- Open your stance by pulling your left foot back.
- Open (turn to the right) your sand wedge.
- Aim about a credit-card length behind the ball and swing at about 80 percent of full speed.
- Perform a full, uninhibited follow-through.
More to think about. Keep practicing.
Keep lowering your score. Keep improving.
Golf can put some of the best players in uncomfortable situations at any given time. One of these conditions consists of the dreaded sand bunker shot. On paper it is a shot that is said to be simple, yet so many golfers seem to lose their poise and confidence when faced with the perceived challenge. But have no fear; our team has five awesome tips that will get you out of the mindset of making the shot more complicated than necessary.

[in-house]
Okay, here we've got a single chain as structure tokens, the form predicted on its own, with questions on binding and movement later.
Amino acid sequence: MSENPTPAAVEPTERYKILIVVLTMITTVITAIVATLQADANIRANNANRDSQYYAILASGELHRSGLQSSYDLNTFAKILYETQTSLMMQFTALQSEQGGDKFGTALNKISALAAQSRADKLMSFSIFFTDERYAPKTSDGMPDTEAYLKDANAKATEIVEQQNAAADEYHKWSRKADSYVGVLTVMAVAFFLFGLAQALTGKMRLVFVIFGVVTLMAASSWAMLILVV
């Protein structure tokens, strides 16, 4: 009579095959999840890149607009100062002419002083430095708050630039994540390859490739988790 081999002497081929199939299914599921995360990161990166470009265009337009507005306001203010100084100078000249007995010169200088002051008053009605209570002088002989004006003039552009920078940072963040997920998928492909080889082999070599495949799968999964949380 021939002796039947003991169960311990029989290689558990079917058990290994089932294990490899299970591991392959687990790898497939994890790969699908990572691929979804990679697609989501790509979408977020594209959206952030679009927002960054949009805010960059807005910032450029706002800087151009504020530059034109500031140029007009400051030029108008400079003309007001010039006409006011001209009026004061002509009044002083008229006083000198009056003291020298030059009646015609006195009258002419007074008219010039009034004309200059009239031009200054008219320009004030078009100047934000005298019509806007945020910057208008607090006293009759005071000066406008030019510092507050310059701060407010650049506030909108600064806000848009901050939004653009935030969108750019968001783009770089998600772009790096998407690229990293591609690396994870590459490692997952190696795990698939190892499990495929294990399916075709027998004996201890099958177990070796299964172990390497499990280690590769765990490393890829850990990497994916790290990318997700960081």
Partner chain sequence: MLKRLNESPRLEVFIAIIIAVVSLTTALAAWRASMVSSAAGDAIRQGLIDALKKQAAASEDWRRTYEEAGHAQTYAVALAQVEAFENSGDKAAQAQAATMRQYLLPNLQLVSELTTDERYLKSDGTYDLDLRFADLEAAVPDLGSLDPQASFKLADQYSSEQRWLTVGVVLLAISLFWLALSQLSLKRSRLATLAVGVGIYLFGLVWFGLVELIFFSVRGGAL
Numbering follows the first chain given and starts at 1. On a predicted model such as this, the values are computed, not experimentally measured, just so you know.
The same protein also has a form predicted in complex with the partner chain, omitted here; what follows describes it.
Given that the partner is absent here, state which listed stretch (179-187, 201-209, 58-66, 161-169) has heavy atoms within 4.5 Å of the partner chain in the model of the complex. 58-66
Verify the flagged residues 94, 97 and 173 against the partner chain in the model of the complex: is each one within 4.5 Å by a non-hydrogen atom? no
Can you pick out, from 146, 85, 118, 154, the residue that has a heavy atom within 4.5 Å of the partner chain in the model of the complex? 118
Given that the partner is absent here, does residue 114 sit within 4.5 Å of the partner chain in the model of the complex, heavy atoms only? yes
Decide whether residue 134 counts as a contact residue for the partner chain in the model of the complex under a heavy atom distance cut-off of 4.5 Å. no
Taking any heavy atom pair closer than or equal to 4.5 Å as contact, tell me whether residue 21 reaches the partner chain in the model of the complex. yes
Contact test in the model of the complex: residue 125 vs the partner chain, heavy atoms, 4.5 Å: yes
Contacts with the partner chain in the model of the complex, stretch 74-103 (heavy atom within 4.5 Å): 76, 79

Approach the Bunker Shot with the Right Attitude
Outside of fear for the sand bunker shot, the biggest issue involved is the stance of the golfer. The majority of the players will position their stance too wide. The reason is because most individuals psych themselves out in sand. Golfers who attempt to forcefully drill the ball often lead to a fat shot in the bunker. Next time, try focusing on getting the ball back on the green.
Position Your Lower Body Correctly
Like with most activities, having the correct body position is essential for success. Instead of opening your stance and clubface too wide, take aim to the left of your target line and open your clubface only around 2-3 degrees. At this point, your feet should be in the sand for balance. Simultaneously place your stance shoulder width apart, while flexing your knees. Practicing this stance will put your body in line for and make the process more simple.
Utilize the Half Back Swing
Now that you have your body in a good place, its time to swing. You will want to find an area 2-4 inches behind the ball. Place your hands evenly and take a half back swing. In the process of this swing you will want to make sure you rotate your shoulders. If this feels familiar to a pitch shot, you’re right. The only difference is the sand involved.